ISWA

APESB Launches The Portuguese Branch of the ISWA Young Professionals Group

The Portuguese Association for Sanitary and Environmental Engineering (APESB), ISWA National Member for Portugal, created a working group to foster innovative actions of Young Professionals of the waste sector.

21 Aug 2018 -

The vision of the group is to create a trend in the waste sector on the use of new technologies and innovative content to promote the engagement of the youth in the valorization and circularity of resources. The group has prepared an initial working plan comprising an active cooperation with the ISWA YPG and participation in the #WhatHappensToMyWaste campaign.


With members up to 35 years old, this group is constituted by professionals of a generation that lived through some of the biggest technological disruptions, especially in terms of communication. The proximity to the younger generation, the iGeneration, places the group in an ideal position to discuss the impact that new technologies have on jobs and bring this issue to the attention of university professors responsible for curriculum development and human resources managers.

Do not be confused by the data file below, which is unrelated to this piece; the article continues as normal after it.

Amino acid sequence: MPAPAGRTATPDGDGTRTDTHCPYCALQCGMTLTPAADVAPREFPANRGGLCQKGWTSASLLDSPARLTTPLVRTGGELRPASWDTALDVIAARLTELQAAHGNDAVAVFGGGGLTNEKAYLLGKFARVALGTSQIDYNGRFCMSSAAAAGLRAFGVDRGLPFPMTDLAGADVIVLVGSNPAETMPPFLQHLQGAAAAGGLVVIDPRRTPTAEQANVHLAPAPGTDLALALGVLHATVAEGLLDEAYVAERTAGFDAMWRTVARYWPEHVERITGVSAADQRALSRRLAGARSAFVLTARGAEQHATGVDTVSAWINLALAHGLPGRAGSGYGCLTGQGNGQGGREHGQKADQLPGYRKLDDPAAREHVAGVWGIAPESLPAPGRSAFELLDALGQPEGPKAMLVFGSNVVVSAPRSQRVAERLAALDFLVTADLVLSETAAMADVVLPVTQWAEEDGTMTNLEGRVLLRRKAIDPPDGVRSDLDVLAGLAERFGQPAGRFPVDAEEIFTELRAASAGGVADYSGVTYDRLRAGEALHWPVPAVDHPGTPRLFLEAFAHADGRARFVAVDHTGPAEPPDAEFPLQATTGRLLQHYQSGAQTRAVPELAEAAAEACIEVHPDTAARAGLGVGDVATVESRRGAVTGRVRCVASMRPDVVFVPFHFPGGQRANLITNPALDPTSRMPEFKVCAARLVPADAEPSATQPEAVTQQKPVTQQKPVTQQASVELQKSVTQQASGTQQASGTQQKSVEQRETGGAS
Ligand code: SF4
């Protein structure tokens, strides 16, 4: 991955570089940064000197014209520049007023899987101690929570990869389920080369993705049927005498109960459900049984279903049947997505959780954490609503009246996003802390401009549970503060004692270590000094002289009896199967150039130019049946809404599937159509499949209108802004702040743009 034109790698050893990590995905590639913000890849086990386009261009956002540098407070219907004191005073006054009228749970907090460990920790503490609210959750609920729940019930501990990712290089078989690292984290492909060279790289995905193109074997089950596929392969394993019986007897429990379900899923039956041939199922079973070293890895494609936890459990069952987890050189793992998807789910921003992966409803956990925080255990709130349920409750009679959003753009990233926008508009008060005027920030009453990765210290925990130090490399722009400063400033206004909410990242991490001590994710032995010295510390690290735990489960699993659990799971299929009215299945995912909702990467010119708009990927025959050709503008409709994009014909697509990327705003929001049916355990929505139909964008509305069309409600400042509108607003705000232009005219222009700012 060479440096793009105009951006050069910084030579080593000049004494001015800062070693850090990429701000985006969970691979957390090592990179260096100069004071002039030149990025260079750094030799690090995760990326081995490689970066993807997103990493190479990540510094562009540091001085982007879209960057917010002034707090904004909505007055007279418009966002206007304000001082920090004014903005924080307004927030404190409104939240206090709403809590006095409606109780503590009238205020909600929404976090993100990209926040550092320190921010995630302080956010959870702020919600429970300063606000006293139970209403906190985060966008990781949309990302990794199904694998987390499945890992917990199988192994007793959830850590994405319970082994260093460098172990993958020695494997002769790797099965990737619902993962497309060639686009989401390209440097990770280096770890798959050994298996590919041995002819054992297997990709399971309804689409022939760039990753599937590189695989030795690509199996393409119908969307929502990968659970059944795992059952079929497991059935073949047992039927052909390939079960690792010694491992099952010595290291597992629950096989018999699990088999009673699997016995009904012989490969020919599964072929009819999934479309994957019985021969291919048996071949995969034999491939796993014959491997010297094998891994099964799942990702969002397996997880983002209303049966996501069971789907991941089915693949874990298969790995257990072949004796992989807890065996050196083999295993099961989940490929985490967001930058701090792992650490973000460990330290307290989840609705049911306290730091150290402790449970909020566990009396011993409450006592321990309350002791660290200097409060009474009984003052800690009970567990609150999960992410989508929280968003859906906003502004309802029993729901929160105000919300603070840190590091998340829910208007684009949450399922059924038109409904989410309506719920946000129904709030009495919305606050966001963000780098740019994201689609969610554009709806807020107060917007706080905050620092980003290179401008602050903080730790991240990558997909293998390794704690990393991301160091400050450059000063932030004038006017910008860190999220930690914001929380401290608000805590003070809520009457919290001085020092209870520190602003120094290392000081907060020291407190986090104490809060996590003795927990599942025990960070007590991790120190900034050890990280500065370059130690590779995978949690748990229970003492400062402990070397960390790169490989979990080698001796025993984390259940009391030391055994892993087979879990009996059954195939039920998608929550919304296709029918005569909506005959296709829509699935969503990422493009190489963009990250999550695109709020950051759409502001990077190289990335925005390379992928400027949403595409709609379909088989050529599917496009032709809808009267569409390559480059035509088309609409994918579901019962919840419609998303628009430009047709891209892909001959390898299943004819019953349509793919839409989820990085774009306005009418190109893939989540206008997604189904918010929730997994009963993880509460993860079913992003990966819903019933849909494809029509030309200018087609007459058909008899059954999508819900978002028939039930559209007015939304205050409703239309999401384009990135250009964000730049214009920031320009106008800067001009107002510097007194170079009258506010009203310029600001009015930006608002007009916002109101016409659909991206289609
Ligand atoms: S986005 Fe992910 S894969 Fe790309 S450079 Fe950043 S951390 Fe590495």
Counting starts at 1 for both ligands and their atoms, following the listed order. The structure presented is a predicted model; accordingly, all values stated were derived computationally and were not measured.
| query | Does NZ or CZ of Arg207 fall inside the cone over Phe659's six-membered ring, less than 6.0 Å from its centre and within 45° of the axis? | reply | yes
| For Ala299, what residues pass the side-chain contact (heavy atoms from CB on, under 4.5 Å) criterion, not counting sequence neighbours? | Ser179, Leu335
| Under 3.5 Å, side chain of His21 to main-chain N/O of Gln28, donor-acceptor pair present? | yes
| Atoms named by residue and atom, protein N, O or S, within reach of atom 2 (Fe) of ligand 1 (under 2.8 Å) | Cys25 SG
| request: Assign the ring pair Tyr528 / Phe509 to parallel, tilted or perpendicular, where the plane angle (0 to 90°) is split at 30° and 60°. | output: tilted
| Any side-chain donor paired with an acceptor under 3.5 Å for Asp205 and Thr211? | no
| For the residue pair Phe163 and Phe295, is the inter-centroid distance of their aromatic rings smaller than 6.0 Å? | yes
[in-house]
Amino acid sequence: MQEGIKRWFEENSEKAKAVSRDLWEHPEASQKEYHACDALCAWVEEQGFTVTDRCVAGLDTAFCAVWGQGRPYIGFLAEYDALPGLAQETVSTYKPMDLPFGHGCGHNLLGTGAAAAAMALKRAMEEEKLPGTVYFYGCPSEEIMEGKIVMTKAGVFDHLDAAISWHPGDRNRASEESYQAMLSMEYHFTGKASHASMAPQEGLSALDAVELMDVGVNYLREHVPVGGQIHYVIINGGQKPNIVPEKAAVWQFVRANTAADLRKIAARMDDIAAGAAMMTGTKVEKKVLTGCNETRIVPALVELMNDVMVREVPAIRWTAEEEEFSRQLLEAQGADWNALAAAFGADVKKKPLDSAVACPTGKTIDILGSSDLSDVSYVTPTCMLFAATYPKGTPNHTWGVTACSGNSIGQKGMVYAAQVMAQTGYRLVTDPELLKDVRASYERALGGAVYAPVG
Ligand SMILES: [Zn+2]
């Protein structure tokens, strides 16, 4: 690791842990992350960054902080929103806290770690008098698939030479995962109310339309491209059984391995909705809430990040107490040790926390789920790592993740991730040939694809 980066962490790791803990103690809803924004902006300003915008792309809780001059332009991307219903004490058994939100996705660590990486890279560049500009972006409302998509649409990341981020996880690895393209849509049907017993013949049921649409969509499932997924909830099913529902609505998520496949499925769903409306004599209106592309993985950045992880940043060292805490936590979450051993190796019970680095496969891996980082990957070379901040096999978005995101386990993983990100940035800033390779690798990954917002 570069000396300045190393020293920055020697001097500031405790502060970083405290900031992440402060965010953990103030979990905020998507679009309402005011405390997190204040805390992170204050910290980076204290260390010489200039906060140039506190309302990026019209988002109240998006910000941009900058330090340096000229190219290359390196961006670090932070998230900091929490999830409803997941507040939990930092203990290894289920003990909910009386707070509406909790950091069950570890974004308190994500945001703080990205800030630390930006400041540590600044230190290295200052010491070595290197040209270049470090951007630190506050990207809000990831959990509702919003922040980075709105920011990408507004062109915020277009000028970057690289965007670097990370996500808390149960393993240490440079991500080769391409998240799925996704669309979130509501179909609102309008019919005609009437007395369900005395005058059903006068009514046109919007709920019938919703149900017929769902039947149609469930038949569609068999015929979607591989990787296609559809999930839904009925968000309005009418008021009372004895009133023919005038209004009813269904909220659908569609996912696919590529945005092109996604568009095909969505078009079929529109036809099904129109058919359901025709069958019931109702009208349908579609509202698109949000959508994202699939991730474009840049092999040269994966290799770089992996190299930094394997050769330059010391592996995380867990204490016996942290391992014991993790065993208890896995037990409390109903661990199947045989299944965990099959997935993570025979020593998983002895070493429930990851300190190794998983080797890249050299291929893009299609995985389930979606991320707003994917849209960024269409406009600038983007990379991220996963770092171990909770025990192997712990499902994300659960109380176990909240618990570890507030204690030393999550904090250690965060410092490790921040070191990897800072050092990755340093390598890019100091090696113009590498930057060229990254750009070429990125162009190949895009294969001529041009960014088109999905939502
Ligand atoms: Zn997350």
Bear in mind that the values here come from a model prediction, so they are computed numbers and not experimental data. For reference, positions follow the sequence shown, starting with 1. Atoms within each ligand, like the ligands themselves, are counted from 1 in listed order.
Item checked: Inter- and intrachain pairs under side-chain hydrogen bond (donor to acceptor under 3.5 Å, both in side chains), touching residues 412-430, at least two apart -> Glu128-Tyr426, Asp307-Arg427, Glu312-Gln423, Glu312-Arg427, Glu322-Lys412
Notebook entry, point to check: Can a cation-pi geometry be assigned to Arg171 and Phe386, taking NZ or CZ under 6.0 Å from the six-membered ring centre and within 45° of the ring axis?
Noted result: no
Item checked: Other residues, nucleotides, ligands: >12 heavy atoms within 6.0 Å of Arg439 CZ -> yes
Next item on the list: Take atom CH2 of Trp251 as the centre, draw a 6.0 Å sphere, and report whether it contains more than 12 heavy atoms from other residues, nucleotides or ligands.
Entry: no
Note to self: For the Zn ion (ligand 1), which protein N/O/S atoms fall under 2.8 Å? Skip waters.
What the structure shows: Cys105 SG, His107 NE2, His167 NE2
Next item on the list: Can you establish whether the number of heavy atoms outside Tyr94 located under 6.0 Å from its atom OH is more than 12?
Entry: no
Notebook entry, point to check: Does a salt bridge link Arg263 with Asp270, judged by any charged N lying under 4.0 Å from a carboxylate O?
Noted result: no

Keeping up with new technologies is essential to achieve true advances in the waste sector. Blockchain, a technology based on the digitalization and encoding of transactions in a decentralized way, has a great potential in different applications including safe storage and transfer of medical records and virtual currencies. Although Blockchain based technologies have been implemented since 2008, the regulatory process for its incorporation in most sectors has been slow. The group intends to explore the potential of this technology for the waste sector, particularly for the Pay-As-You-Throw systems.


With the focus of transitioning to a circular economy model, the group will address the topic of Urban Mining. The speed of electronic processors has doubled every two years, during the last 50 years. With this evolution, citizens are prone to exchange electronic devices very frequently, which results in the creation of obsolete equipment stocks in their homes. According to the estimates by the Urban Mine Platform, an inhabitant from the EU28+2 stocks in average 230 kg of Electrical and Electronic Equipment (EEE), the equivalent of a big African lion. Urban Mining aims to retrieve the stocked equipment and recover its constituting raw materials, such as precious metals.  The group aims to develop a campaign to explore the potential for EEE retrieval from Urban Mining.


For more information contact ypg.waste[at]apesb.org


Soraia Taipa, Group Coordinator

 

 


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